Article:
On a smaller scale, a drop of water can be used as a magnifier as well. A drop of water can be placed on a flat horizontal pane of glass that in turn can be held over a subject to be magnified. Drawing a small circle with an oily substance such as butter or grease will help contain the water drop. Alternately, you can take a piece of non-porous material like a piece of plastic or waxpaper and then using a hole punch make a small hole. By dipping your finger in some water you can transfer a water drop to the hole where it will become suspended, thus forming a lens. You can control the amount of water and thereby alter the magnification power.
As I pondered this mini-magnifier I realized that a possible application would be to use it in conjunction with my cell phone camera, both for close-up viewing and to photograph. I found a clear plastic bottle and cut out a piece. I took a hand-operated hole punch and made a hole. Then I dipped my finger in some water and transferred a drop into the hole where it was suspended. I decided that a small dime would be my subject (see photo).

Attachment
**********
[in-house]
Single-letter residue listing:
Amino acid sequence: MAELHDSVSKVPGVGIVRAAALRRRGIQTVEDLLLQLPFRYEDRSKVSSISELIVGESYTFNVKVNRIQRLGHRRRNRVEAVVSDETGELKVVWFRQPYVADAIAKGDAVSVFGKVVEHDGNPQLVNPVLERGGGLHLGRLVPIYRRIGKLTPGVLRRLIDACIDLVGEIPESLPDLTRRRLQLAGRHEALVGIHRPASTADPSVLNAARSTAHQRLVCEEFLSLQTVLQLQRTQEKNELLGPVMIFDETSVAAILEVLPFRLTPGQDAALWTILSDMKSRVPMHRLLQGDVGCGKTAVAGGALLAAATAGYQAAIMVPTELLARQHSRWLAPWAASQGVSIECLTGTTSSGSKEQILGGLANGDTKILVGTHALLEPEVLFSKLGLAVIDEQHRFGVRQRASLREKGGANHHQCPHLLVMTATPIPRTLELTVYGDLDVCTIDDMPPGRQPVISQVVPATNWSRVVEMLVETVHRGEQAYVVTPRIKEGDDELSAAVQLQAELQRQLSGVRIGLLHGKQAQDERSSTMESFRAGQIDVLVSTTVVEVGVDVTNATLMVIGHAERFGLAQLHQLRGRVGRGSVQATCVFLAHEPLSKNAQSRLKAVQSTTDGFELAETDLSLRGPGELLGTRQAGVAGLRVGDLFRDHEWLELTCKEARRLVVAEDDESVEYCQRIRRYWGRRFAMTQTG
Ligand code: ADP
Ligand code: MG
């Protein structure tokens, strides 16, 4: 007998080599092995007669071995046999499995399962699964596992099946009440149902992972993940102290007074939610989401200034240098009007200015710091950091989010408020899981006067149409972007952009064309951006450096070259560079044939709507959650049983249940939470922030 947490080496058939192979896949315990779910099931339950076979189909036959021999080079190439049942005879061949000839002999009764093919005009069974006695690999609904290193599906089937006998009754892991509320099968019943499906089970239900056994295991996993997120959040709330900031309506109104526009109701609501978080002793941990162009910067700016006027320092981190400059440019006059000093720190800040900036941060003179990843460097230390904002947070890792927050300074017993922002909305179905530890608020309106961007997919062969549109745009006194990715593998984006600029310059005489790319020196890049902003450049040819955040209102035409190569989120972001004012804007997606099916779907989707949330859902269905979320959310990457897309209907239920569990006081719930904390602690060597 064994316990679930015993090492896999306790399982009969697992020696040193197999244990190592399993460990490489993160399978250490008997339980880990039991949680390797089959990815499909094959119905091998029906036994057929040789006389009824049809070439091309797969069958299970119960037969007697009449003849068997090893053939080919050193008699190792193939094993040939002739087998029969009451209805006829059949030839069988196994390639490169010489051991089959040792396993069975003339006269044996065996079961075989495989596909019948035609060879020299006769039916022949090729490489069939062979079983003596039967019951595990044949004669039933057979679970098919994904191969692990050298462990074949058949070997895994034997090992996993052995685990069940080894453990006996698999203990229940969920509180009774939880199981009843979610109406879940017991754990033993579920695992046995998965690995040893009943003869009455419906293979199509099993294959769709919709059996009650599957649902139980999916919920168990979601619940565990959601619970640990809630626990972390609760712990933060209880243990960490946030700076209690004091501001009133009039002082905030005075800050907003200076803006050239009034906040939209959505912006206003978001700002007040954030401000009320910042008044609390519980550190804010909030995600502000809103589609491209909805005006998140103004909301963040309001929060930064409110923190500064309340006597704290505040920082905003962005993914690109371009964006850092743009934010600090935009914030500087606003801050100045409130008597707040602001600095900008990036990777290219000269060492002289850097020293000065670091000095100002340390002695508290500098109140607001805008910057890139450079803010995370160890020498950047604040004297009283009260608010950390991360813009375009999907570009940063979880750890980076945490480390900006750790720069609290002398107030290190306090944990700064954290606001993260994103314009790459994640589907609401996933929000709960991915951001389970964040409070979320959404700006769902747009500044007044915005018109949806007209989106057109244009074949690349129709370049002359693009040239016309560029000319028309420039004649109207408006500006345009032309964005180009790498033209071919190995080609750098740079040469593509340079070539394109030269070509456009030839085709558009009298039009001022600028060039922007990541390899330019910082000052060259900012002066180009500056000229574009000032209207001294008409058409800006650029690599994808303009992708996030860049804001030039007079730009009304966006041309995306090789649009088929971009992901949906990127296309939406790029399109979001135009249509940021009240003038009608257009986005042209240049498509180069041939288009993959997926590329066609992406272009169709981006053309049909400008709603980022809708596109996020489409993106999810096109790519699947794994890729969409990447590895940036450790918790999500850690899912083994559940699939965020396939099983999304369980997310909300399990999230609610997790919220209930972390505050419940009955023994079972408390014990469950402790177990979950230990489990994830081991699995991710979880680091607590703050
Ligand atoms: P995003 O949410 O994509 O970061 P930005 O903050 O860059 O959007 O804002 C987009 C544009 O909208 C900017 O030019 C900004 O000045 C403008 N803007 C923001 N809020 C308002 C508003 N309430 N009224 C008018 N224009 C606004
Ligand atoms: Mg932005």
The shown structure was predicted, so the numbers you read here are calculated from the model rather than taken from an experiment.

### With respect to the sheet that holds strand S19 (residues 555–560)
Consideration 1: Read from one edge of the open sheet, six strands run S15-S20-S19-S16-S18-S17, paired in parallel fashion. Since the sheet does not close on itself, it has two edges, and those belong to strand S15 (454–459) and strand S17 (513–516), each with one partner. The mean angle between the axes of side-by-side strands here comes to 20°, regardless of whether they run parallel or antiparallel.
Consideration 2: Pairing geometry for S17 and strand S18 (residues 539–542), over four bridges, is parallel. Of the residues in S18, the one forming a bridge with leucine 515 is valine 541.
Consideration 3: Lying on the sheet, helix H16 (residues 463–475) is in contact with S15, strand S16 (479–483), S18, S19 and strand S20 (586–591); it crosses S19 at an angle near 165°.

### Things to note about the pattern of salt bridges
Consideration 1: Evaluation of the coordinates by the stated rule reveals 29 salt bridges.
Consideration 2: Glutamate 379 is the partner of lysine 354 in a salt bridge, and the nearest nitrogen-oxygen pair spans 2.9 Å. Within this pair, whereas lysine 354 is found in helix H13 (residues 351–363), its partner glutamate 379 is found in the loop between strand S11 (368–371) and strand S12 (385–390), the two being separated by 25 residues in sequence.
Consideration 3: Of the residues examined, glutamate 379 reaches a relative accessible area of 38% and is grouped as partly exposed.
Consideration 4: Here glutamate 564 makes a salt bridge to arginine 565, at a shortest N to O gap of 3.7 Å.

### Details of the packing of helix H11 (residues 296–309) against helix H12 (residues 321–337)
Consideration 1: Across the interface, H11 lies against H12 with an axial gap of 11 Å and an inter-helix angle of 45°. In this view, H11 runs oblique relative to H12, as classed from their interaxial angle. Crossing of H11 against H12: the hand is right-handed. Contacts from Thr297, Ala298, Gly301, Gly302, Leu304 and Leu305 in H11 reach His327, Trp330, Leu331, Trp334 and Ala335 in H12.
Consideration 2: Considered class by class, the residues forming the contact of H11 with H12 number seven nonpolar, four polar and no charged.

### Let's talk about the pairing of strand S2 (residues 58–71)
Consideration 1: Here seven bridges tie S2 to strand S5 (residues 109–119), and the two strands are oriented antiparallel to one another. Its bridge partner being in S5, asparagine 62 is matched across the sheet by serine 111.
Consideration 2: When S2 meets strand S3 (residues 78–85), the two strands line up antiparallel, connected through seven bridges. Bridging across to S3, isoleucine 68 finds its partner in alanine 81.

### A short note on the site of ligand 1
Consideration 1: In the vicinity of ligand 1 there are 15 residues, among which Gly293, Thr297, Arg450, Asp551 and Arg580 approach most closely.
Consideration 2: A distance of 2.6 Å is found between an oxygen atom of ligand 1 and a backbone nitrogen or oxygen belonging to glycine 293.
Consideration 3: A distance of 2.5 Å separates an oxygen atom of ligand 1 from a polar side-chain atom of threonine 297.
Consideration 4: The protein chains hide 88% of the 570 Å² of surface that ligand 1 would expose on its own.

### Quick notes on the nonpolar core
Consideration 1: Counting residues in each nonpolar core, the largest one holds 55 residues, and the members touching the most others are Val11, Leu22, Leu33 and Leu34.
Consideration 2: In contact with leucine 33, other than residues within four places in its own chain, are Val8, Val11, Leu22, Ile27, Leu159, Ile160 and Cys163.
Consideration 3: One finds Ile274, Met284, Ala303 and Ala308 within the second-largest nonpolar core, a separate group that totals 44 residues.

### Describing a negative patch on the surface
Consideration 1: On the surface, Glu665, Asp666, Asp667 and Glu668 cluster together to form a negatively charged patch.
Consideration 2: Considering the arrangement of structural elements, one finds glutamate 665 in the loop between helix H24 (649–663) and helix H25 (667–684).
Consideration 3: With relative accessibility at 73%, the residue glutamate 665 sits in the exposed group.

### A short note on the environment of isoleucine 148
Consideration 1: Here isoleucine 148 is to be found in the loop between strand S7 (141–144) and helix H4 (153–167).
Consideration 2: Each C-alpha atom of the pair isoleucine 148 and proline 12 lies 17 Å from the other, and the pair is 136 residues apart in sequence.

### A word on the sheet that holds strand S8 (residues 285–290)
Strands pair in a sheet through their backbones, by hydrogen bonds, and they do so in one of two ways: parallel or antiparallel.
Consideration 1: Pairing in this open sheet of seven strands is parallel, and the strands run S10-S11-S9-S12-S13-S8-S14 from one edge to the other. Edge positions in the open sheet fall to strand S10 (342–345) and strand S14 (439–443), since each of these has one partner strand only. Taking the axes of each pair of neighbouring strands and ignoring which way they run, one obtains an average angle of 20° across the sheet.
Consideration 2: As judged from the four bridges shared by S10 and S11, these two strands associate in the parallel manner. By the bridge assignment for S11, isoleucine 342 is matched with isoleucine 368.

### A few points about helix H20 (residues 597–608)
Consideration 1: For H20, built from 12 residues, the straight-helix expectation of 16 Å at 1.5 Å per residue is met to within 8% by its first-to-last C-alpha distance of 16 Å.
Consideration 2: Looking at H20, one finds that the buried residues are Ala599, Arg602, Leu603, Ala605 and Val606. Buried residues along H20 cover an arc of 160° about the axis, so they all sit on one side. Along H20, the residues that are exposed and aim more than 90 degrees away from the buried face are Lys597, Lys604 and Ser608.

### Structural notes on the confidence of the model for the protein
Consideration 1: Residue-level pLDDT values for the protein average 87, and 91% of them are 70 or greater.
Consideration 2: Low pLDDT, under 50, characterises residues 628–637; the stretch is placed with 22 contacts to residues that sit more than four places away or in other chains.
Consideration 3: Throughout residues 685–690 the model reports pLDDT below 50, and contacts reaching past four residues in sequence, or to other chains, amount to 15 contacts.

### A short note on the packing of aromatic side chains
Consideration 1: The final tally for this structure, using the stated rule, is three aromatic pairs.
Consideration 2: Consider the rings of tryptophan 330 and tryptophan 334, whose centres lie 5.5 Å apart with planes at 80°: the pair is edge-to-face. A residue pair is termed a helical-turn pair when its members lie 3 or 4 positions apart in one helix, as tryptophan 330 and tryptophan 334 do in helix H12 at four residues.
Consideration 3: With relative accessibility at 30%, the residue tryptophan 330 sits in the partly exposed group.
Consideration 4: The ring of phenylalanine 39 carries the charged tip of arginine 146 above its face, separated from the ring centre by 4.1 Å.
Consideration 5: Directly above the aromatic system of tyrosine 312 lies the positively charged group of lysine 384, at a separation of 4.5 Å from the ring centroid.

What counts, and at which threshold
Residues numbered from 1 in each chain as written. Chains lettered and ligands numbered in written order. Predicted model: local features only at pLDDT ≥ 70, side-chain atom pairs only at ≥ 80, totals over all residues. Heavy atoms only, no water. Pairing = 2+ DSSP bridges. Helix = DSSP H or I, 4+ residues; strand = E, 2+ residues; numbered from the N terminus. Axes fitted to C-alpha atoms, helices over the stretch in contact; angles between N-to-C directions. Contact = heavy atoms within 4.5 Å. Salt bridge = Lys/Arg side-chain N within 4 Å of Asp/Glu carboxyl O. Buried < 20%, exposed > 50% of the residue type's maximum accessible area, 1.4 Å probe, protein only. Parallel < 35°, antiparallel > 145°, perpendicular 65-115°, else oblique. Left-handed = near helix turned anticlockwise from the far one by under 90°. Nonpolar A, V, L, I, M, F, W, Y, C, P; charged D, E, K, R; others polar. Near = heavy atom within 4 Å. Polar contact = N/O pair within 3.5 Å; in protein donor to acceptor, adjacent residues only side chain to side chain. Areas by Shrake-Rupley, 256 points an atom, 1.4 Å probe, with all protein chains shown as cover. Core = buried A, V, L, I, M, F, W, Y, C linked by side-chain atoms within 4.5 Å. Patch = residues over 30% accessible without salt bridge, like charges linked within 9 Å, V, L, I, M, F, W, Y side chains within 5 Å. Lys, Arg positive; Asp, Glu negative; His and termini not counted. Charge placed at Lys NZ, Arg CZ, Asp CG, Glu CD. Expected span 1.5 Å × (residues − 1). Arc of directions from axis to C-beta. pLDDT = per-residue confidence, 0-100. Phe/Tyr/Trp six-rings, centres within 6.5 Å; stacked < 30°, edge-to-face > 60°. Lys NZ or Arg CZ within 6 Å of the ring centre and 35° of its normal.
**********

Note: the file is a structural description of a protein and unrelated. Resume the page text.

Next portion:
Because water is liquid it will wiggle and potentially blur, especially when photographing. I found that low profile items like pens or pencils will help to brace the camera and plastic water drop holder when it’s held over the item being viewed. It is also helpful to have strong light from the side for illumination.
This “lens” may be thought of as a “life hack” rather than an emergency tool, but then, reading fine print on a map, a phone number in a directory or examination of a small cut or injury may be urgent and this may offer a solution in a pinch. Give it a try and let me know how it works for you and how you used it.